Buoyed by bull runs and strong underlying fundamentals of Indian economy, several sovereign wealth funds are keen to set up investment vehicles in the country.
Last month, when Indian Prime Minister Narendra Modi met the world's 20 largest pension and sovereign wealth funds at a virtual roundtable, high on the agenda was attracting more investments for the government's ambitious $150 billion infrastructure investment pipeline for the next five years. With the Indian government banking on infrastructure to be the driver of growth for the economy, the efforts to attract foreign investments come at a time when around half of the proposed infrastructure investments by 2025 will have to come from private and foreign investors. While that might look like a gargantuan task, the ground reality offers a lot of hope.
Have you read?
After plateauing for three years around the $60 billion level, FDI inflows into India rose sharply in 2019-20 to $73.4 billion. Despite the economic impact of the coronavirus pandemic, the inflows have been steady in the current fiscal as well: in the April-August period, India received $35.7 billion of inflows, according to data with the Department for Promotion of Industry and Industrial Trade. And that investor exuberance doesn't just end with the FDI inflows.
Buoyed by bull runs and the strong underlying fundamentals of Indian markets, several foreign institutional investors are set to float major funds in the country - and that includes some of the world's biggest sovereign wealth funds (SWFs).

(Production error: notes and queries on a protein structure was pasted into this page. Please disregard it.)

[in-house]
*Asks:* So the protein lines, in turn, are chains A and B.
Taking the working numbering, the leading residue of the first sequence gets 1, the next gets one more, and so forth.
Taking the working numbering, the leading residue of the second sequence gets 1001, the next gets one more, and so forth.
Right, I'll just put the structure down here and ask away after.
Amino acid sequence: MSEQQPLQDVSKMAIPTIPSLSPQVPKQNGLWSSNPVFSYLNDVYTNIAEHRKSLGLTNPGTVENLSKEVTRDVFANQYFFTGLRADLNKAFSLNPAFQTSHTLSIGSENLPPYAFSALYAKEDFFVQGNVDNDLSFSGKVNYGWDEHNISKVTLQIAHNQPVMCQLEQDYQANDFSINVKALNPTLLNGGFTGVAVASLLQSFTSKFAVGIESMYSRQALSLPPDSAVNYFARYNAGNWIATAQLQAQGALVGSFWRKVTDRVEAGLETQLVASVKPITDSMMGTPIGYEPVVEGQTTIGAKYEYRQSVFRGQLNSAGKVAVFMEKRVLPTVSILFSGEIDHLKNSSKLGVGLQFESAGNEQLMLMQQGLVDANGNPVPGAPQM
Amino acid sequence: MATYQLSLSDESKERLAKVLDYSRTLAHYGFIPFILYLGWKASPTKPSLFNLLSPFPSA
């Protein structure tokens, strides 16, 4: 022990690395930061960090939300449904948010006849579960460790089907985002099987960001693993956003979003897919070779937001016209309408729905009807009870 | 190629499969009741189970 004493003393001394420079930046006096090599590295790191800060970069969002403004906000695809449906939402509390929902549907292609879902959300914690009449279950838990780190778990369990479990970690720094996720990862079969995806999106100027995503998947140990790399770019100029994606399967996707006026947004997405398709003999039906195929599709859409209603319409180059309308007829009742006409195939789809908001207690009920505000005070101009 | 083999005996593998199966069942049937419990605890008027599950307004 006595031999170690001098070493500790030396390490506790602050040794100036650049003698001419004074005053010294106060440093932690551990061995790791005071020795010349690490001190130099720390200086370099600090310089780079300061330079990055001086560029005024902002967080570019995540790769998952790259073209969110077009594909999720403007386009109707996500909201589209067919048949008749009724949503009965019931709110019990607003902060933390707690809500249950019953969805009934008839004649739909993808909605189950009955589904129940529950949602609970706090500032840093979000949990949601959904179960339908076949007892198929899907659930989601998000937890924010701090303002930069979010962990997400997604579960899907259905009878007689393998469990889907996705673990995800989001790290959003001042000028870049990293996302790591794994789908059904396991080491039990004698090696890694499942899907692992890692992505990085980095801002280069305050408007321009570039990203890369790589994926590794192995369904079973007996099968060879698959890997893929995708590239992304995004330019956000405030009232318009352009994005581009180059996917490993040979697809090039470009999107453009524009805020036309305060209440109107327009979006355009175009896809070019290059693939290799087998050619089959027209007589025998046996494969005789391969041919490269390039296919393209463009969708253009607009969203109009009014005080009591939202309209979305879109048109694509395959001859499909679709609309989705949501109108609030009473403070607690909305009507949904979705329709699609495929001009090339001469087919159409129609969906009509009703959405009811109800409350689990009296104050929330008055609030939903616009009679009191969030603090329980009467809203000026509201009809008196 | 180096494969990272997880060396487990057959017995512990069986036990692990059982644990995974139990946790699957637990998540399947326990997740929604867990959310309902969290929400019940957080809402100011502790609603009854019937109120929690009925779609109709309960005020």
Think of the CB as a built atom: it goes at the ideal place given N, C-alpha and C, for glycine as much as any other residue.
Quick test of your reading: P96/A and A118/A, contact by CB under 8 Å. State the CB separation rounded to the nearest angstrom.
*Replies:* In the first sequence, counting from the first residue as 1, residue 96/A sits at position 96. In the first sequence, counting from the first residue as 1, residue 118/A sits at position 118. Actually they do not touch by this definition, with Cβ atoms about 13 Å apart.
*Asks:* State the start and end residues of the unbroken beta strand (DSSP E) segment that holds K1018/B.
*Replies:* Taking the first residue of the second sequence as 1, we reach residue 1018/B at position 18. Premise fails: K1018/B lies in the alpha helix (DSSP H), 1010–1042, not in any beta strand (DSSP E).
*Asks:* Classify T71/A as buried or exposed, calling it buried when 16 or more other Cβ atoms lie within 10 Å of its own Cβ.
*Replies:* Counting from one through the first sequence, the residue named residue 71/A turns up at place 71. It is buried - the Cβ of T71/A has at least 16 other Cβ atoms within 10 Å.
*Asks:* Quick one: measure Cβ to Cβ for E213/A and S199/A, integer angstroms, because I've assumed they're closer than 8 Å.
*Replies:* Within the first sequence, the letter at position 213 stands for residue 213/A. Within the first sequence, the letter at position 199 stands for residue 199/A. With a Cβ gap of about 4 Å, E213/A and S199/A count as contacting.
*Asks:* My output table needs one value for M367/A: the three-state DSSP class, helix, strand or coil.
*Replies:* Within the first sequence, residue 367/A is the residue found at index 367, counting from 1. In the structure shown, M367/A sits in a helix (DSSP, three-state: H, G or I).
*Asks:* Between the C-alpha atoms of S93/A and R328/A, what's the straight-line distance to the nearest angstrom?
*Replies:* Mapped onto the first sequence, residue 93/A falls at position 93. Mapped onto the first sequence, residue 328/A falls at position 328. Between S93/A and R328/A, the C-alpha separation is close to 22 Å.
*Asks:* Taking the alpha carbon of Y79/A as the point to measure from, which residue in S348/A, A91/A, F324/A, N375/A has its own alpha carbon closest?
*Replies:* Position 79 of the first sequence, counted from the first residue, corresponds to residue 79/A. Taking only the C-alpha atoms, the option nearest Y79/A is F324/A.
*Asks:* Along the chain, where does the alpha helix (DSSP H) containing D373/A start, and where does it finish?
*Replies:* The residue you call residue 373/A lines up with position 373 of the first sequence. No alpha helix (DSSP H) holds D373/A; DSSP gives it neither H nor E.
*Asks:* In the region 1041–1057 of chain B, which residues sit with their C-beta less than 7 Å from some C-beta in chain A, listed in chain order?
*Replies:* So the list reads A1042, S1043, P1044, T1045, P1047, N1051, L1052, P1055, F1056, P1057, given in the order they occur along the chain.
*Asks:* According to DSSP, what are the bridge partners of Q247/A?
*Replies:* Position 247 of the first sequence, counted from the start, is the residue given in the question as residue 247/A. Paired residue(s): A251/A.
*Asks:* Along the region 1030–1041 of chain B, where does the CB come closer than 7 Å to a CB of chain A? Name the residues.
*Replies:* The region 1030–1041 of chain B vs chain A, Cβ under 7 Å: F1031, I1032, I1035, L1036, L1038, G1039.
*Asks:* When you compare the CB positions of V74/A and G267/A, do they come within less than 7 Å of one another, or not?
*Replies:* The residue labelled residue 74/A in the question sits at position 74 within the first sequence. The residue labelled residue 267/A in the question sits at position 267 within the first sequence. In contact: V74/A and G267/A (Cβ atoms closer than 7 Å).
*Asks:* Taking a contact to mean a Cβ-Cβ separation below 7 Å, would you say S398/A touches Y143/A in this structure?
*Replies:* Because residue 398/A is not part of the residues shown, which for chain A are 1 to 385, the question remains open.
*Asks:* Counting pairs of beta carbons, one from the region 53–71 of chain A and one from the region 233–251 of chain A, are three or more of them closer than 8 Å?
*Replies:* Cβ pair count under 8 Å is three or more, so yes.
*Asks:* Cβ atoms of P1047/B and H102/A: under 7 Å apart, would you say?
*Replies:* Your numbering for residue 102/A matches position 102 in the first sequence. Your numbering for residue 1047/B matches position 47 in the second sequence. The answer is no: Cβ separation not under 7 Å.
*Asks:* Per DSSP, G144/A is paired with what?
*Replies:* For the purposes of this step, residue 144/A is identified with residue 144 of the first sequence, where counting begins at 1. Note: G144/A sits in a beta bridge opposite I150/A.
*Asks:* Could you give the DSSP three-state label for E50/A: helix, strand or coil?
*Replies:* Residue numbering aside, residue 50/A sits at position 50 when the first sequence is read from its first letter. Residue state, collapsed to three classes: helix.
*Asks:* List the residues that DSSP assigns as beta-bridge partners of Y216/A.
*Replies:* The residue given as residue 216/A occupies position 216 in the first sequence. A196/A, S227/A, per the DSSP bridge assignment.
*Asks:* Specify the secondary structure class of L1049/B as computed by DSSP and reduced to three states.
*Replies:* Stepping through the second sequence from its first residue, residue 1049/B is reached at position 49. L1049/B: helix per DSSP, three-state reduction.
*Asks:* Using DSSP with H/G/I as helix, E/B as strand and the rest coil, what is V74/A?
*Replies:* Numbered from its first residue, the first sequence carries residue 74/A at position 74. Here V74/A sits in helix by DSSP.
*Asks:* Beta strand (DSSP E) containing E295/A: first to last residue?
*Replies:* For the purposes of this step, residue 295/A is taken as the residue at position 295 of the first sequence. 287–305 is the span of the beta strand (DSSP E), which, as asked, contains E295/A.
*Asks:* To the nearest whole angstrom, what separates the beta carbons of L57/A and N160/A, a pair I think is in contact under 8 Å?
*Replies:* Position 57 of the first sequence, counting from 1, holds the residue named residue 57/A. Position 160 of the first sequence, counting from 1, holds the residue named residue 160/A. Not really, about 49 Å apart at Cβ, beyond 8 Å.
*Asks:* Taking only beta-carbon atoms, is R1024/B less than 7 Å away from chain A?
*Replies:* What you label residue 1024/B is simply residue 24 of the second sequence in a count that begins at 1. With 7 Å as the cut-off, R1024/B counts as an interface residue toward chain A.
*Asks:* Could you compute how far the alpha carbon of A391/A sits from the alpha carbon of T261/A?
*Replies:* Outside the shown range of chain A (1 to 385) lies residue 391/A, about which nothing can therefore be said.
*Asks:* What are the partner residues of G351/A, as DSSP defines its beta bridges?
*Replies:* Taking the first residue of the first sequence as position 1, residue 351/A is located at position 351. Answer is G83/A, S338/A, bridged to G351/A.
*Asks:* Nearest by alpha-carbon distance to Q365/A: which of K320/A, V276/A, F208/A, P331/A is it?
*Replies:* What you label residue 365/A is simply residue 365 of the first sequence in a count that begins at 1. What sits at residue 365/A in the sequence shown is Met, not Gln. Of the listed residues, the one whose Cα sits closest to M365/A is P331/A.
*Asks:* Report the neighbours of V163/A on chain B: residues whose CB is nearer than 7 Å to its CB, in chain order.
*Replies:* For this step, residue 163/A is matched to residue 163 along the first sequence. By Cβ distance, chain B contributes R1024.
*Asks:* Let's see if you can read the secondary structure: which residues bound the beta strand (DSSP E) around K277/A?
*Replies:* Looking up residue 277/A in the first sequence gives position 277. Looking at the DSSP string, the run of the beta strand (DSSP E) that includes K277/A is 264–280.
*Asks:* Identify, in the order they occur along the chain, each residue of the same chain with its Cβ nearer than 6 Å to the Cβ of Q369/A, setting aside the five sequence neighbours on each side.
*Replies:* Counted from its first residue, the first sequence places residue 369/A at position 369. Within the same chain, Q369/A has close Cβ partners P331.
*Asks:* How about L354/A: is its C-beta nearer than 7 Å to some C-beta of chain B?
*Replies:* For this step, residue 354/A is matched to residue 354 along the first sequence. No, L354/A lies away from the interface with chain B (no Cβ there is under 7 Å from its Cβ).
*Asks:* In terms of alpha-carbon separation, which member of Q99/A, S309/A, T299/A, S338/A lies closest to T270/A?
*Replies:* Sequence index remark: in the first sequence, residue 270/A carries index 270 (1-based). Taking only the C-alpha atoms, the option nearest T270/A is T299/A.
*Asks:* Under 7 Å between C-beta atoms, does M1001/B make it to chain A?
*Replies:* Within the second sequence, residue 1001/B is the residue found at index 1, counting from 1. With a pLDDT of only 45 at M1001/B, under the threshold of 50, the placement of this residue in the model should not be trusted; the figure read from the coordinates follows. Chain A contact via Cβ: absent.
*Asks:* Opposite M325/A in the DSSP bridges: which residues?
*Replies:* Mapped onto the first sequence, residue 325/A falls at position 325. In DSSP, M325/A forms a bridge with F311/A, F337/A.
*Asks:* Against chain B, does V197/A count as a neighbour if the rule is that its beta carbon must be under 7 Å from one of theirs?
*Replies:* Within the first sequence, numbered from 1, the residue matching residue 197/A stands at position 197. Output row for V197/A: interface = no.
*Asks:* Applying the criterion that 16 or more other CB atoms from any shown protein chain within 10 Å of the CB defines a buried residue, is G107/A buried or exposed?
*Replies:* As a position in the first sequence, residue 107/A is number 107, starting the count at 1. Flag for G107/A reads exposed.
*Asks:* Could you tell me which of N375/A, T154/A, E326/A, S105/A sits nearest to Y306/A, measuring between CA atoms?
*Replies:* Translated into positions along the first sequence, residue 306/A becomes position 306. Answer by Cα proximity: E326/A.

While Gulf SWFs such as the UAE's ADIA, Saudi Arabia's PIF and Qatar's QIA have large investment exposure to the Indian market, in what would be a first for the country, Singapore′s sovereign wealth fund GIC is planning to establish an India-dedicated public market fund.
The fund will be the first dedicated pool of capital for domestic equities set up by a large global financial institution.
Already one of the largest overseas investors in India, GIC has hired Aditya Agarwal to head its new fund as managing director and is looking to a mid-2021 launch, according to Economic Times. While the final size of the fund has not yet been finalised, people familiar with the investment told the paper that GIC was keen to allocate up to $3 billion for the purpose.
Agarwal - who was principal at public market fund Westbridge Capital - will set up the fund along with a team of four-five other executives.
“The India-dedicated fund or specific allocation for public markets will help these global funds deploy more money into mid-cap equities,” the paper quoted a source as saying.
With assets worth $440 billion, GIC is the world′s sixth-biggest sovereign investor and has invested in companies like Reliance Industries, HDFC, ICICI Bank, Bandhan Bank and Bharti Airtel in India.
“India and Singapore have developed a mutually beneficial relationship in select areas. Generally speaking, India and Singapore have a symbiotic relationship. India gets a significant amount of foreign direct investment from Singapore, which the Indian government is very focused on,” said Sharon Lau and Rajiv Gupta of Latham & Watkins. “It is also beneficial for India, since Singapore is a regulated jurisdiction, where the funds are subject to disclosure and regulation, offering comfort to the Indian government. While a number of funds are beginning to register themselves as an AIF (alternative investment fund) in India, which gives them access to onshore funding from Indian investors, however, as most funds have a pan-Asia focus, a significant number of funds invest in India through their Singapore entities,” they said.
According to data from the Indian Commerce and Industry Ministry, Singapore continues to be the top source of foreign direct investment (FDI) for India. In April-September 2020-21, $8.30 billion foreign inflows came from Singapore to India.
But it's not just Singapore which is excited by the market prospects in India. According to Girija Pande, Chairman of Apex Avalon Consulting, who has mentored Indian startups in deep technology from Singapore, Japan was also working on a $200 million fund of funds for startup investments in India, constrained in developing domestic startup ecosystem due to its small and stagnant economy.